The control unit 54 will be responsive to the receipt of the user detection signal from the detection circuit 60. As stated earlier, it is desirable for the control unit 54 to lower the ring volume of the handset 40 whenever a user is holding or touching the handset 40. Accordingly, in a first preferred embodiment, the control unit 54 will be configured to lower the ring volume of the handset 40 upon the receipt of the user detection signal from the detection circuit 60. Any subsequent ring signals received from the base unit 10 will be output to the speaker 46 at the reduced volume. The ring volume will remain at the reduced volume until the user detection signal is no longer present at the control unit 54. At which point, the control unit 54 returns the ring volume to the original volume.

The processing 400 carried out by the control unit 54 to lower the ring volume is illustrated in FIG. 4. Initially, in step 402, the control unit 54 determines if the user detection signal has been received. If the signal has been received, the control unit lowers the ring volume (step 404). It the signal has not been received, the control unit 54 determines if the ring volume has been lowered previously (step 406). If the ring volume has been lowered, the control unit 54 resets the ring volume to the original volume (step 408). It must be noted that the control unit 54 may lower the ring volume for a predetermined number of rings, or a predetermined period of time, and then return the ring volume to its original volume even if the user is still holding onto the handset 40.

In another preferred embodiment, the control unit 54 will be configured to initiate an automatic answering service whenever a user is holding or touching the handset 40. In this embodiment, upon the receipt of the user detection signal from the detection circuit 60 and a ring signal from the base unit 10, the control unit 54 will issue commands to the PSTN central office. These commands will alert the central office to forward the incoming call to another phone number or an answering service. Techniques for issuing commands to the central office are known in the art. In addition, the control unit 54 may also allow one ring signal to be output through the speaker 46 at the reduced level to alert the user that an incoming call is being automatically answered.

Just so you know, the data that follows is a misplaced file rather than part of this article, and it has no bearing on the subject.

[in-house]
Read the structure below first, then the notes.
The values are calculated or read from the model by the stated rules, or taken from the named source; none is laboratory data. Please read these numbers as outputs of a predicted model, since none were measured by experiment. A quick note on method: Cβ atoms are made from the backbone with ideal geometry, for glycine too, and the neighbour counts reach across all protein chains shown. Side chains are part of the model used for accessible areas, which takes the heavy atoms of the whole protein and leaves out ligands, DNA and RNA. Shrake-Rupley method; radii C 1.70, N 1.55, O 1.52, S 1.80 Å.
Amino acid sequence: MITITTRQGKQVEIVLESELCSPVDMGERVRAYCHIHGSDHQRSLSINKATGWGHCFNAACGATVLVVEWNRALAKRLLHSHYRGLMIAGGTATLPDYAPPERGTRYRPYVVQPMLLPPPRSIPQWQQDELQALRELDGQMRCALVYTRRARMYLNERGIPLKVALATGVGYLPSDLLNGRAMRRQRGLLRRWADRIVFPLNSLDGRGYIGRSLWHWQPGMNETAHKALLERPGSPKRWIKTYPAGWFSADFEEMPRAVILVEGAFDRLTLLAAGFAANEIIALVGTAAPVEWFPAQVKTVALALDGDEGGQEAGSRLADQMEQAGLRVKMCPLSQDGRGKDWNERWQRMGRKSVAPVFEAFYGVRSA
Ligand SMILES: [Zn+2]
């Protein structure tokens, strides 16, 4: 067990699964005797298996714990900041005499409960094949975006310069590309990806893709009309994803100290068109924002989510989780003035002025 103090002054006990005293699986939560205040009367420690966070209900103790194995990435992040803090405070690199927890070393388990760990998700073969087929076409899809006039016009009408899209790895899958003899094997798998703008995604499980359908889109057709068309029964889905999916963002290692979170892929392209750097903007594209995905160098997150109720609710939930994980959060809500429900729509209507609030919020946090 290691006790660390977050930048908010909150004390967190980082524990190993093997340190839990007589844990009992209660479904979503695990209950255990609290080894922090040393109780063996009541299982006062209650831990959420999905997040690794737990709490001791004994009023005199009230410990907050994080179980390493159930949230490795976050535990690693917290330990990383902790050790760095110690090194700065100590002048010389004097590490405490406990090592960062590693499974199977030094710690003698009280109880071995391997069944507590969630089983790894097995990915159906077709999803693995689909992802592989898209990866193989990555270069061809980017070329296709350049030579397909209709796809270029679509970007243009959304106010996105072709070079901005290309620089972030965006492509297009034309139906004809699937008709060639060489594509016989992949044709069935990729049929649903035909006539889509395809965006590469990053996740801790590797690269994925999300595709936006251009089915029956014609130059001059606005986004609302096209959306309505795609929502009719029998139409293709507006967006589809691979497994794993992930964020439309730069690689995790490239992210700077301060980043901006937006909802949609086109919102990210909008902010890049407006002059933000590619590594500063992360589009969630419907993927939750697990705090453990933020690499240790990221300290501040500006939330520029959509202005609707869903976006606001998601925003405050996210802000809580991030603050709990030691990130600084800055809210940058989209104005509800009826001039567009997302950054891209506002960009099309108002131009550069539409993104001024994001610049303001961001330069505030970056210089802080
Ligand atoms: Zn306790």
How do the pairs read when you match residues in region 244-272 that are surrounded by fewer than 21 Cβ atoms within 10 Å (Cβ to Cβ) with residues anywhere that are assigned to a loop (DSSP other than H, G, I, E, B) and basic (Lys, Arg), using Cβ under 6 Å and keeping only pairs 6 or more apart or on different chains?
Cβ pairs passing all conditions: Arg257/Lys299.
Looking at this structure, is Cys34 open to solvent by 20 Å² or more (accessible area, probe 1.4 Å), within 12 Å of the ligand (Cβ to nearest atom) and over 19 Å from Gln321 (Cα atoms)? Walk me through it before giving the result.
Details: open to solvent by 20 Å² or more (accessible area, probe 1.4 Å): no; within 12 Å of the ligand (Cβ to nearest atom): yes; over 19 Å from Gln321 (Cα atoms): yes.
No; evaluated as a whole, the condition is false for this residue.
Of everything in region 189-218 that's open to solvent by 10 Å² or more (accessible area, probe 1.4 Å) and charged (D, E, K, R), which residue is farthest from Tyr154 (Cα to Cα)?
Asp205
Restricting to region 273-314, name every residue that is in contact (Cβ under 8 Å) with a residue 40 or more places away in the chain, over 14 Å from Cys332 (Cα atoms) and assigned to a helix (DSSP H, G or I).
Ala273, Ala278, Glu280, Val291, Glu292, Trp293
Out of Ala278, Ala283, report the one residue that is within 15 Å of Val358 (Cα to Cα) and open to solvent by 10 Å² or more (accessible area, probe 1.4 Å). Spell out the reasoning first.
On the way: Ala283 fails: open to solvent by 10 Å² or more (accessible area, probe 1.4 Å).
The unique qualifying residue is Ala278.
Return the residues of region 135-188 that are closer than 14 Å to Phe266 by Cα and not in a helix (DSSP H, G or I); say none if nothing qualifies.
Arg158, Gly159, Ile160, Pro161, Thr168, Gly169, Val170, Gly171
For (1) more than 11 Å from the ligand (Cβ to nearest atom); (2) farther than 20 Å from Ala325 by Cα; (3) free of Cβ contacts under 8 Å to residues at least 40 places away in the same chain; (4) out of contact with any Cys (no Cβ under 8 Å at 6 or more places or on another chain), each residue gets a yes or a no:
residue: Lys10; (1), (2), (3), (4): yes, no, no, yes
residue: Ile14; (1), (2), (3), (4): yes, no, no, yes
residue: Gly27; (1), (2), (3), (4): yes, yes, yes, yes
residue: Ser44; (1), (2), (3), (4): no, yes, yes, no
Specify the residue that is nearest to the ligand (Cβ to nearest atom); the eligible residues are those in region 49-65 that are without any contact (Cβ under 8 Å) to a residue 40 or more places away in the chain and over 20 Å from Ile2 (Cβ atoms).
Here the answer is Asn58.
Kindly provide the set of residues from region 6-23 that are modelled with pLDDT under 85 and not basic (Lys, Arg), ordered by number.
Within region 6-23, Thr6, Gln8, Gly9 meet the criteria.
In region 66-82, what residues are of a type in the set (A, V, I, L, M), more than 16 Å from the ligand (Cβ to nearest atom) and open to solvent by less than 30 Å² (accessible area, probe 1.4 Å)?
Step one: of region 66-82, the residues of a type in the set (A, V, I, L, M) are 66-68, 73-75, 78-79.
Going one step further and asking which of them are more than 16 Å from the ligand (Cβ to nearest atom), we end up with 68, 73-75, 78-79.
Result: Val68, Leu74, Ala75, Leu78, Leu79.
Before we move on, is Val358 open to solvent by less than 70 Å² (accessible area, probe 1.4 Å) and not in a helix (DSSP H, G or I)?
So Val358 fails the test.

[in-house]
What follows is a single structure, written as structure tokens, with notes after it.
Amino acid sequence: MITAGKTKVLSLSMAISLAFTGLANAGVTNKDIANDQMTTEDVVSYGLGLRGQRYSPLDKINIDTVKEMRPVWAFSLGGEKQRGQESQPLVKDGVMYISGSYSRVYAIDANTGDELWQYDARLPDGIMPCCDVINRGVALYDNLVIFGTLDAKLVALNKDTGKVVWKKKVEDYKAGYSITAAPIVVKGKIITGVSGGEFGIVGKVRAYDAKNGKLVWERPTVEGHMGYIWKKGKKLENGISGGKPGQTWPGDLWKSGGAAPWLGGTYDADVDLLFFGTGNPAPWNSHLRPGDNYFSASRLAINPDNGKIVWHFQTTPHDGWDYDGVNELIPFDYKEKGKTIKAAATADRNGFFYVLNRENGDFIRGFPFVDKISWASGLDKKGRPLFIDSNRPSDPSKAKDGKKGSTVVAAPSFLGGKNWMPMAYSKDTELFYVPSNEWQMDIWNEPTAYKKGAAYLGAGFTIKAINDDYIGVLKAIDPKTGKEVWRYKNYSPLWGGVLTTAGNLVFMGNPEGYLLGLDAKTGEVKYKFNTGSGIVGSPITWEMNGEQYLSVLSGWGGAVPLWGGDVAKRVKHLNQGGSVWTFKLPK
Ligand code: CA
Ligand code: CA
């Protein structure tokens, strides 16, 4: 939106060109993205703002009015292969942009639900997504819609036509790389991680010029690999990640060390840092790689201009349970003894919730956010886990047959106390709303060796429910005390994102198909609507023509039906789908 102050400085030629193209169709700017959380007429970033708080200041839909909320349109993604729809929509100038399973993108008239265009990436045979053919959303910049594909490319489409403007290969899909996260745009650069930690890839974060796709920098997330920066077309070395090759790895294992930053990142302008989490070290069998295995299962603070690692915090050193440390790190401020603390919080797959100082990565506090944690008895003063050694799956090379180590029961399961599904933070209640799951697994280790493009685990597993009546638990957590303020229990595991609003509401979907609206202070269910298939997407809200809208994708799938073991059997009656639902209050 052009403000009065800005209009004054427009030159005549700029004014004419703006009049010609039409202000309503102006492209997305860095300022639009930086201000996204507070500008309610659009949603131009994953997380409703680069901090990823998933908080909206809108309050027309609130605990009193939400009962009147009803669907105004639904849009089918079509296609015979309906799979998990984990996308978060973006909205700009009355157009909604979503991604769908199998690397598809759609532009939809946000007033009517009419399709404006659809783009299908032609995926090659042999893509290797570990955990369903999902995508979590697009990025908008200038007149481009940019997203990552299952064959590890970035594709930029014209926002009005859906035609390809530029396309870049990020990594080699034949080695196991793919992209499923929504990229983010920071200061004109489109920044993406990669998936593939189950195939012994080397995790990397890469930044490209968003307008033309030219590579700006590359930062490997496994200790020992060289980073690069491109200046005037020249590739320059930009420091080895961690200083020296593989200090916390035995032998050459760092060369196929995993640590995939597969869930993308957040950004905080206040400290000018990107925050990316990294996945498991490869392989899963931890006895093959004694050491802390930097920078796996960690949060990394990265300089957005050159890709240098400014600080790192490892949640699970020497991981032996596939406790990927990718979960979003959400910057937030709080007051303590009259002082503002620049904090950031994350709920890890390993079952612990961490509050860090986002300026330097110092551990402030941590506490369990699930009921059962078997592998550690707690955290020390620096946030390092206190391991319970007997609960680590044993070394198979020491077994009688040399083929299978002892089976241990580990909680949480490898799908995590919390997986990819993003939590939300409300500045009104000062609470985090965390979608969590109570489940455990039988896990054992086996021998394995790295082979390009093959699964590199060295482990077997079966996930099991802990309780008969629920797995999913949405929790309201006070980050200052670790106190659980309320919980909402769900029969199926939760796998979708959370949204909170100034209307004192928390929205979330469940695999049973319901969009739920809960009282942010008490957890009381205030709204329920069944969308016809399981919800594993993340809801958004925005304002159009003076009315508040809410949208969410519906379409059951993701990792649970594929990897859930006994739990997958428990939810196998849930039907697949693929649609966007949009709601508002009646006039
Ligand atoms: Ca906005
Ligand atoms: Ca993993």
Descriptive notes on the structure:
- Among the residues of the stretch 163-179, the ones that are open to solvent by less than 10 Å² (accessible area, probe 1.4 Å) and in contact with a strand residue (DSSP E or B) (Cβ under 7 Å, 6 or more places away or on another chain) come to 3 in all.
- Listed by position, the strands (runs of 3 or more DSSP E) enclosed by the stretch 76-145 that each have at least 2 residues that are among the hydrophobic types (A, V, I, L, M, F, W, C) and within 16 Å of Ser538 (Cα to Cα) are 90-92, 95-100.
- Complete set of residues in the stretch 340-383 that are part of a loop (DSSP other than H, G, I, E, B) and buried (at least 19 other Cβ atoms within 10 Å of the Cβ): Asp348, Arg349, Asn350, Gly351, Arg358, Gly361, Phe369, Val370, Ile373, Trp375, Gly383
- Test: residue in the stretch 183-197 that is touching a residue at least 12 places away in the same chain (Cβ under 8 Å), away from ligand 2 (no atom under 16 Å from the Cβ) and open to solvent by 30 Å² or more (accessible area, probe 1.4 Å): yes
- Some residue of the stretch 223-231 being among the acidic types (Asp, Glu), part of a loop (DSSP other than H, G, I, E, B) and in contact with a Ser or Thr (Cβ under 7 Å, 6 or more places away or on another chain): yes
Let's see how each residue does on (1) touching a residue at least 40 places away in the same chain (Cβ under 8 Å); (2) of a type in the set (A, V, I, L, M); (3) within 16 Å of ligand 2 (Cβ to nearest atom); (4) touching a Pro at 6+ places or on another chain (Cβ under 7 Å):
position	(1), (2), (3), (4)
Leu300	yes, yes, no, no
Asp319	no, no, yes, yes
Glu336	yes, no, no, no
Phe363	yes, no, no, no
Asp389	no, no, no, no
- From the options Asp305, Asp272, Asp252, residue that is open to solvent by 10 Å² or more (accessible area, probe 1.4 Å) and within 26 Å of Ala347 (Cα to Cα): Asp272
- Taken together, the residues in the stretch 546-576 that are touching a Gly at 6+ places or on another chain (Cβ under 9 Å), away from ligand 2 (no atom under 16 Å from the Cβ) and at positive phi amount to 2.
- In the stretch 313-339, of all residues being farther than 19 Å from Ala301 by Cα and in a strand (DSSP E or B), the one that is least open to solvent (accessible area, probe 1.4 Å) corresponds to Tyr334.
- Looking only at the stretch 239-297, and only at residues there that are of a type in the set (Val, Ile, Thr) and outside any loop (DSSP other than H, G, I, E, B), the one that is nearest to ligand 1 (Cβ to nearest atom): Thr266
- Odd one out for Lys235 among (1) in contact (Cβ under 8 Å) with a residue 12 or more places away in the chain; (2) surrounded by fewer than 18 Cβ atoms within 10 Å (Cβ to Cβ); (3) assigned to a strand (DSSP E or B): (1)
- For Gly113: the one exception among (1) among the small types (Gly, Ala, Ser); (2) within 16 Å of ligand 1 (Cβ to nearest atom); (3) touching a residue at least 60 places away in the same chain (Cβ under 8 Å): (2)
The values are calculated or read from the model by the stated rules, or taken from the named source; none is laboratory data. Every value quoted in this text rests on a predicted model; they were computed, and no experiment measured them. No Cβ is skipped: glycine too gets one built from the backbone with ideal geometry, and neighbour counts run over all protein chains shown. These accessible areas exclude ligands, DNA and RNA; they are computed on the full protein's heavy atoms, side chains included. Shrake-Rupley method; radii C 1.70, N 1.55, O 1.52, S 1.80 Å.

The processing 500 carried out by the control unit 54 to provide the automatic answering service commands to the central office is illustrated in FIG. 5. Initially, in step 502, the control unit 54 determines if the user detection signal has been received. If the signal has been received, the control unit determines if there is an incoming call (step 504). If there is an incoming call, the control unit 54 sends commands to the PSTN central office to initiate the automatic answering service (step 506). Optionally, the control unit 54 may also lower the ring volume (step 508). It the signal has not been received (step 502) or if there is no incoming call (504), the control unit 54 does not issue any commands to the PSTN and does not lower the ring volume. It must be noted that the control unit 54 may lower the ring volume for a predetermined number of rings, or a predetermined period of time, and then return the ring volume to its original volume even if the user is still holding onto the handset 40.

FIGS. 6 and 8 show a top perspective view of a handset 40 constructed in accordance with the present invention. The handset 40 includes an upper casing 82 and a lower casing 84. The upper casing 82 and the lower casing 84 are snapped, glued, screwed or combined together by any known technique. The two casings 82, 84 are made from non-conductive material such as plastic. The two casings 82, 84 house the circuitry of the handset 40 illustrated in FIG. 2 with the exception of the sensor 80, keypad (not shown) and a portion of the antenna 42 (not shown). FIG. 6 illustrates the use of a touch plate for the sensor 80 while FIG. 8 illustrates the use of a wire mesh as the sensor 80.